Bactrian Camel

  • Two Bactrian Camels up close
    Bactrian Camel courtesy of Matthew Hoelscher
  • Bactrian Camel
    Bactrian Camel courtesy of ZakVTA
  • Bactrian Camel calf
    Bactrian Camel calf courtesy of Ted
  • Bactrian Camels
    Bactrian Camel courtesy of Ted

Status: Critically endangered Critically endangered

Known as: Bactrian Camel

Estimated numbers left in the wild: less than 1,000


One of the strangest-looking land animals of our era, the Bactrian camel is a large ungulate (hoofed mammal) with two large humps on its back, expanded feet for walking on sand, and a long, sinuous neck. They are very large, standing 1.8 to 2.3 meters tall at the summit of their humps, and weighing from 300 to 1,000 kilograms (males being much larger than females on average). Their bodies show many adaptations to their dry environment, including the humps (which are composed of fat, not water), nostrils which can be closed to exclude sand, long eyelashes to protect the eyes from windblown grit, and large, flat, two-toed feet that support them on sand. A massive callus on the chest allows them to rest on hot sand without risking burns to their skin. The neck often sports a spectacularly thick, shaggy mane. Despite their ungainly looks, they can run as swiftly as a horse.

Habitat: Bactrian camels are adapted to the Central Asian deserts, able to survive extremes of heat, cold, and dryness that would kill most other animals. One of their most remarkable adaptations is their ability to survive for weeks without drinking, as long as there are some plants to eat in order to absorb water. However, once water is available, a Bactrian camel can drink as much as 135 litres within a single quarter-hour period. They eat mostly grasses and shrubs. They will eat dry plants with a bitter or salty flavour in preference to other vegetation. These tough animals can survive temperatures ranging from -30 C to 38 C or hotter.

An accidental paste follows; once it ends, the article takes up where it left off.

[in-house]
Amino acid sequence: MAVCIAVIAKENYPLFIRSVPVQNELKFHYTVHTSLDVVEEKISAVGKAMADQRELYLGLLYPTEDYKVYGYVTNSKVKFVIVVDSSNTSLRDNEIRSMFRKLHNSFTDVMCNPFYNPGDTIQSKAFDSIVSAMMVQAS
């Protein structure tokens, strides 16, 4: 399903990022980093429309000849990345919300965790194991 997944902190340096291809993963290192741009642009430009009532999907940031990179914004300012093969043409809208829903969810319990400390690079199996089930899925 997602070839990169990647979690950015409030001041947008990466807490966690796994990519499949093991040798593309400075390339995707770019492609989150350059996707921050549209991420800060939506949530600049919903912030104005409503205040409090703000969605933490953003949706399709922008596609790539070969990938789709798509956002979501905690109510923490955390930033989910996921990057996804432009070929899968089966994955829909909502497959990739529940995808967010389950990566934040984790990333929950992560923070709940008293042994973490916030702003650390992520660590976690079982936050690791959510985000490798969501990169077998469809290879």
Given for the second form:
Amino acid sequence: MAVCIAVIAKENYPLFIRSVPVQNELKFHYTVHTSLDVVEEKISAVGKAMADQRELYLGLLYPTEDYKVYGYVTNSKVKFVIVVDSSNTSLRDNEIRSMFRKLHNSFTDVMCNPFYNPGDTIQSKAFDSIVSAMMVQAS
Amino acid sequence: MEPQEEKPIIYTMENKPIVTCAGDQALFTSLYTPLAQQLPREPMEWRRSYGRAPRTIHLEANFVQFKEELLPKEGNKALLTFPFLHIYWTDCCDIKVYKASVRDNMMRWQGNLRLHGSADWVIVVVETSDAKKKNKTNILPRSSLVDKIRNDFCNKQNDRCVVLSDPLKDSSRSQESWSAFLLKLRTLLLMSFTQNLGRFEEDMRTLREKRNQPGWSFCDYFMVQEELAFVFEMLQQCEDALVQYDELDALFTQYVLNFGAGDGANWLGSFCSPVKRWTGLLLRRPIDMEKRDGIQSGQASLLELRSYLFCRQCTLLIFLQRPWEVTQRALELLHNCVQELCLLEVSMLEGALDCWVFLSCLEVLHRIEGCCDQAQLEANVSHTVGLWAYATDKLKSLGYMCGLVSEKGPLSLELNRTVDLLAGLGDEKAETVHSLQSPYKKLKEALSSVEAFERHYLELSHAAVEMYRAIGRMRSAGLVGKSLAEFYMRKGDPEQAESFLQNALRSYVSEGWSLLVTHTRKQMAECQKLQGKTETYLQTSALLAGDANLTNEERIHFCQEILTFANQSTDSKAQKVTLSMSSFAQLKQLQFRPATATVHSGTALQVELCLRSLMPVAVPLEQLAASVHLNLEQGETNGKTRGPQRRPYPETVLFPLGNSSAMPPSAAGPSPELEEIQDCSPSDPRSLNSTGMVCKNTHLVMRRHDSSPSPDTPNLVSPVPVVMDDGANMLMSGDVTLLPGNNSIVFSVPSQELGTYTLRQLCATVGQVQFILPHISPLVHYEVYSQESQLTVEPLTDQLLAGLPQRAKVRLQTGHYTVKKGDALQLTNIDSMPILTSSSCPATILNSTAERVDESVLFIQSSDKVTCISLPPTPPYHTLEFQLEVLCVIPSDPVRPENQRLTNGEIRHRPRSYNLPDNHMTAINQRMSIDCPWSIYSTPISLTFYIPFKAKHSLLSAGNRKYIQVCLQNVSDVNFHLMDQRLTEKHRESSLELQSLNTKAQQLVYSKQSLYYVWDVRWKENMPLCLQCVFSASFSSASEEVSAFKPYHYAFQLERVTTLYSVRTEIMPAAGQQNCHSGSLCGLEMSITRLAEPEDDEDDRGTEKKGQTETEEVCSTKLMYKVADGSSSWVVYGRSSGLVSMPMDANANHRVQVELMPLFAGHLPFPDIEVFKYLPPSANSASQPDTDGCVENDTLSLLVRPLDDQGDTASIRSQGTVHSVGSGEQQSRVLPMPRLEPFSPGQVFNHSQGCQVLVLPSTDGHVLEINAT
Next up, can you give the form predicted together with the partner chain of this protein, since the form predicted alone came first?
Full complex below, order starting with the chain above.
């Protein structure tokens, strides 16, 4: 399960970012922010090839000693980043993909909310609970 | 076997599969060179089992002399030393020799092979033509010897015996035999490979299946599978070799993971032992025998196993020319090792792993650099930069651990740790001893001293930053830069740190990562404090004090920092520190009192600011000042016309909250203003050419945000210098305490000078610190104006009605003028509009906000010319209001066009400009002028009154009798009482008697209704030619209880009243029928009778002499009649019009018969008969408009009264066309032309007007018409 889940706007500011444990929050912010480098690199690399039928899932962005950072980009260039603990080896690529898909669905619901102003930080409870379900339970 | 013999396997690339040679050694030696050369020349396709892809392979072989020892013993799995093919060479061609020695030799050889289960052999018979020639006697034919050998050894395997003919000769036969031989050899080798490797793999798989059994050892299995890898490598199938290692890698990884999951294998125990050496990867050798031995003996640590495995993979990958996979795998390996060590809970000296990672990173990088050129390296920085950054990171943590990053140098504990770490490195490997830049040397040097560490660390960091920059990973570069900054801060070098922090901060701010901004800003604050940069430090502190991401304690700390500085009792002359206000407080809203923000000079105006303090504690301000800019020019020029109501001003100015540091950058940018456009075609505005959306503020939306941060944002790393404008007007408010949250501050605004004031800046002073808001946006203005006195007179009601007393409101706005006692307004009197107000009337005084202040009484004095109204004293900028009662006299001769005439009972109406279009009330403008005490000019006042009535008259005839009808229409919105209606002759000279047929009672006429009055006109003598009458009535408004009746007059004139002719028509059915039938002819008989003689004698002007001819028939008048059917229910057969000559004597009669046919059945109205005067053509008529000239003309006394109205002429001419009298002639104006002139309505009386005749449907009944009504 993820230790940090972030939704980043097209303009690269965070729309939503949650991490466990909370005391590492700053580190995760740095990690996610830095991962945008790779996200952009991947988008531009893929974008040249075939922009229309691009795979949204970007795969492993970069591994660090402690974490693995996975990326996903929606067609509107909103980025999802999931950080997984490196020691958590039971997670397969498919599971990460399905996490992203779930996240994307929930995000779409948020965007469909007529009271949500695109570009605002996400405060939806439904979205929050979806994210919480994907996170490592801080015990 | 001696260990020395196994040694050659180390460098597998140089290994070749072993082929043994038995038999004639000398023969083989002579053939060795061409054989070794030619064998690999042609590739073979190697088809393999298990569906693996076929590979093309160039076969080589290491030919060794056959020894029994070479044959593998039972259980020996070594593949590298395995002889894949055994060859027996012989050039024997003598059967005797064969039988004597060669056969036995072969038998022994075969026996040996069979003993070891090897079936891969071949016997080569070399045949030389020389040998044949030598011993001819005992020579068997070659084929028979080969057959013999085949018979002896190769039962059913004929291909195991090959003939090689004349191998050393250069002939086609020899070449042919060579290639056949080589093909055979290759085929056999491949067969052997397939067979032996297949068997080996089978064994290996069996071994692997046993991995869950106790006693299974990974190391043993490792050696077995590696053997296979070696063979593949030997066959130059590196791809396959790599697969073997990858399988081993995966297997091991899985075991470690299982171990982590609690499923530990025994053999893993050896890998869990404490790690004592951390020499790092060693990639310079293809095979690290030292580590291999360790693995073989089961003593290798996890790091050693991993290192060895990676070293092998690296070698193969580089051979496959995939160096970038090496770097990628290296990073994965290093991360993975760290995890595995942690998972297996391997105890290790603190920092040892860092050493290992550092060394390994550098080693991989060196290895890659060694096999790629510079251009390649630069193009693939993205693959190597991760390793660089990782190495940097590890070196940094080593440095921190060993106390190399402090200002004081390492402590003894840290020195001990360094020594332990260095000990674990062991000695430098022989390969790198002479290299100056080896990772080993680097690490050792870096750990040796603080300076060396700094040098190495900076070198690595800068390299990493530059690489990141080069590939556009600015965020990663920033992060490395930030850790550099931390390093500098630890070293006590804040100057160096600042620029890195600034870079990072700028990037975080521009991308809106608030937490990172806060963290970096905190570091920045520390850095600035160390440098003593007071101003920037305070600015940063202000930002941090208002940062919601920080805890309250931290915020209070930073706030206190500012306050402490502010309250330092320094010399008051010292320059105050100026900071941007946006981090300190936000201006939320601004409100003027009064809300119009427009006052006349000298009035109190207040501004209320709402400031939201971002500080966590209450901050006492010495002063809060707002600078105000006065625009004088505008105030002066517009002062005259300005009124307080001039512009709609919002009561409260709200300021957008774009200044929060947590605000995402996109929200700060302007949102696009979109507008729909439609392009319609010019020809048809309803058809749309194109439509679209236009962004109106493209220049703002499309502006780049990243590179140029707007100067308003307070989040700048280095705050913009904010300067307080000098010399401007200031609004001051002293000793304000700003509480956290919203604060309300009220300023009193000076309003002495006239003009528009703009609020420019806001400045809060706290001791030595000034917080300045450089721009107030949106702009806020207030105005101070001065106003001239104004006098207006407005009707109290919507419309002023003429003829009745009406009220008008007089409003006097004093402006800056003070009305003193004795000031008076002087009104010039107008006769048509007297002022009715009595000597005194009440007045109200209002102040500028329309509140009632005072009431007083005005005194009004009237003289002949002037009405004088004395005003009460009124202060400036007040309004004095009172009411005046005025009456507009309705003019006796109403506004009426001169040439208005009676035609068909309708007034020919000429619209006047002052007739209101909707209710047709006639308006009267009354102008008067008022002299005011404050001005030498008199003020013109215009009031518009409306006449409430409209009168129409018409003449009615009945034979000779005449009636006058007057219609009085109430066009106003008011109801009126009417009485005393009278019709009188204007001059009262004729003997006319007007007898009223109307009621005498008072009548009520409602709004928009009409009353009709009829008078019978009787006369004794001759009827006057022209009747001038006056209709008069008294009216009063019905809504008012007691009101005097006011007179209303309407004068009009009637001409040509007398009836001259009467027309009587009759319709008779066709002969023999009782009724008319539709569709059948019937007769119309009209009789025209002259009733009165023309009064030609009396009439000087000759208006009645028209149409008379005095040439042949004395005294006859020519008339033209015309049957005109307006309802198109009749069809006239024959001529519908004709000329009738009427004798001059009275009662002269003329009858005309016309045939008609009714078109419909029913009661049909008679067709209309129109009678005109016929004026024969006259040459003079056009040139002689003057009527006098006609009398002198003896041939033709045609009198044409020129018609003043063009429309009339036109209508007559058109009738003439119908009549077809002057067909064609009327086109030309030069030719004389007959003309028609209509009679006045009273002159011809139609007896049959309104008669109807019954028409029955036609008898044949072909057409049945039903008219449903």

Breeding: Like many desert animals and those found in similarly harsh environments, most Bactrian camels produce only one calf at a time after a twelve to fourteen month gestation. Two calves are sometimes born, however. Up to twenty camels live in a flock, though some groups are as large as thirty. Young adults remain with their mother for several years, helping to nurture the next calf born, then disperse alone before forming new flocks. Bactrian camels can live for 35 to 40 years.

Bactrian Camel Range Map

Red: Extant (resident)(Source IUCN Red List)

Their main natural predator is the grey wolf, which mostly attacks injured, sick, or weak individuals, especially those weakened by weather and dehydration.

Location: Small numbers of Bactrian camels still survive in Mongolia, China, and Kazakhstan’s Mangistau Province. Desert environments are favoured by these camels, including sand dunes, sand or gravel plains, arid hills, and high, dry mountain massifs.


Critically endangered

Threats: Habitat loss and competition with livestock for sharply limited resources are major hazards facing surviving wild populations of Bactrian camels today. Farmers sometimes shoot the animals. Global warming is also threatening wild Bactrian camels by making weather more extreme and lessening the number of oases in their natural range. This makes death by dehydration – or between the fangs of wolves hunting weak, thirsty camels – much more likely.

Conservation efforts: Two large Gobi desert reserves have been founded for the species thanks to a cooperative effort between the Chinese and Mongolian governments and the Wild Camel Protection Foundation. A captive breeding program is underway to further populate these reserves.


Do you know of or are you a part of an organisation that work to conserve the Bactrian Camel, then please contact us to have it featured on Our Endangered World.

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